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Civil War soldier's pocketknife from Port Hudson

$60.00 $45.00
(You save $15.00)

Product Description

This is another nice piece being offered, it is a four-inch bone handled pocket knife. It was recovered at the Port Hudson battlefield by the late legendary Louisiana relic hunter, author and historian, William A. “Billy” Spedale.

The Siege of Port Hudson, Louisiana (May 22 – July 9, 1863), was the final engagement in the Union campaign to recapture the Mississippi in the Civil War. While Union General Ulysses Grant was besieging Vicksburg upriver, General Nathaniel Banks was ordered to capture the Confederate stronghold of Port Hudson, in order to go to Grant's aid. When his assault failed, Banks settled into a 48-day siege, the longest in US military history. A second attack also failed, and it was only after the fall of Vicksburg that the Confederate commander, General Franklin Gardner surrendered the port. The Union gained control of the river and navigation from the Gulf of Mexico through the Deep South and to the river's upper reaches.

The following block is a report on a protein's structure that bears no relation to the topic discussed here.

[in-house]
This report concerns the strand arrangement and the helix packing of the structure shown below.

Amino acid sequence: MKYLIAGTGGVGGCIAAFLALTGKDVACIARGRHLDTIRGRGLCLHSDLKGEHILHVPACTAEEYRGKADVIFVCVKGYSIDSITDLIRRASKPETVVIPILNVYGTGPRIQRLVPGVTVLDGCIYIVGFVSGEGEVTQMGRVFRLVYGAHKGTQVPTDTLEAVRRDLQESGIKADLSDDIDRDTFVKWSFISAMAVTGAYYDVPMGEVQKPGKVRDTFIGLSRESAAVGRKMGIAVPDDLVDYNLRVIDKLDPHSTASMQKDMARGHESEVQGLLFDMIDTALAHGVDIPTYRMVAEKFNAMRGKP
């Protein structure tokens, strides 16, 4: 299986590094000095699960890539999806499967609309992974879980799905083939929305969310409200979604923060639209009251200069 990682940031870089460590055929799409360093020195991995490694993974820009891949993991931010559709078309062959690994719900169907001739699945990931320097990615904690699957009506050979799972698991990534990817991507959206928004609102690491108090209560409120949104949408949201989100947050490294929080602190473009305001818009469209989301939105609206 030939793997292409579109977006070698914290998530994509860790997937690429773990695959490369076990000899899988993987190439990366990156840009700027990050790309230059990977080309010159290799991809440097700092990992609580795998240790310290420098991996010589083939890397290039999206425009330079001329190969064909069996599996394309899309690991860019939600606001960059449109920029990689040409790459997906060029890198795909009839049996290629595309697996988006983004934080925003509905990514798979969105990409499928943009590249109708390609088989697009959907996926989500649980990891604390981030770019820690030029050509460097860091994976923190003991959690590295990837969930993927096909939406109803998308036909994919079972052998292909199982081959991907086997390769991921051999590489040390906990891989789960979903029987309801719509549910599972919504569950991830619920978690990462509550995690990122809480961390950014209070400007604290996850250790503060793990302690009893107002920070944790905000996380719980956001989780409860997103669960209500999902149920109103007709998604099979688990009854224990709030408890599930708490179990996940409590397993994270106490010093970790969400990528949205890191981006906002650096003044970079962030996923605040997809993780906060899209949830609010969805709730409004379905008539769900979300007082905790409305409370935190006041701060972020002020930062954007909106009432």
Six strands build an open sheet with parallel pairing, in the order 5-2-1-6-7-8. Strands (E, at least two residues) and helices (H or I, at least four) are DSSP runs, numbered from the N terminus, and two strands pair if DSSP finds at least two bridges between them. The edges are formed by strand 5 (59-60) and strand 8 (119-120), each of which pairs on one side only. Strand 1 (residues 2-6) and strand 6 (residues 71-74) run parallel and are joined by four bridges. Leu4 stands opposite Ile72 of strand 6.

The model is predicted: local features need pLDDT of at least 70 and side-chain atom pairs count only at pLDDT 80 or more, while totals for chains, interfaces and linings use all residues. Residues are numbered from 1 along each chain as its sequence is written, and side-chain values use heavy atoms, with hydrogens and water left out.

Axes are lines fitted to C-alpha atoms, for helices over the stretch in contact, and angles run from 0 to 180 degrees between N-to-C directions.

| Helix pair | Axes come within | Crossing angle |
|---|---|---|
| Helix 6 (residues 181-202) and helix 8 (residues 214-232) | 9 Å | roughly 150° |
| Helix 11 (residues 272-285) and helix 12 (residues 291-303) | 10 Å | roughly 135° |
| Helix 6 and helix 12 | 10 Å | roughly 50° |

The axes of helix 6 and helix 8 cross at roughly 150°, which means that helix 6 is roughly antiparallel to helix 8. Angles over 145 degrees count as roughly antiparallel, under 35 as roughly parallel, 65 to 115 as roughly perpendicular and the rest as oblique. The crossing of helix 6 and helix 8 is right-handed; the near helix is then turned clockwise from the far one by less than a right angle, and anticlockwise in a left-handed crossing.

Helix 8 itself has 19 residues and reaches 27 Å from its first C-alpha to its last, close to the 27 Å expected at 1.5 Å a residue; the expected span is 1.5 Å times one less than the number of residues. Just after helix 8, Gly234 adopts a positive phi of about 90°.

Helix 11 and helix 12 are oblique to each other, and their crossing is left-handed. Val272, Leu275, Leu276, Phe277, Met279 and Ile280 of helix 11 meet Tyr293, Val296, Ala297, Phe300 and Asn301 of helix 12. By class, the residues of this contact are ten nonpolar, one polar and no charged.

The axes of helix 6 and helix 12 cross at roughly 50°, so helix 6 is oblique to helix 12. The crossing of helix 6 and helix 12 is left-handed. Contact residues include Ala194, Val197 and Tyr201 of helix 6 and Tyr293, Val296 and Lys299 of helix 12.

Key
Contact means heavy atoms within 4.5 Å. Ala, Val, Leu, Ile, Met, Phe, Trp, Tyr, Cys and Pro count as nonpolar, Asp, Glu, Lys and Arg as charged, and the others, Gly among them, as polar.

Although being dug, this pocketknife still remains in solid condition – of course it can no longer open or close but much of the bone handle remains. This was a great pocketknife for the times and no doubt it was surely missed by the soldier who lost it. In my book "The Civil War Soldier - His Personal Items", I go into more detail about the importance of pocket knives. It comes in the glass top display case pictured.

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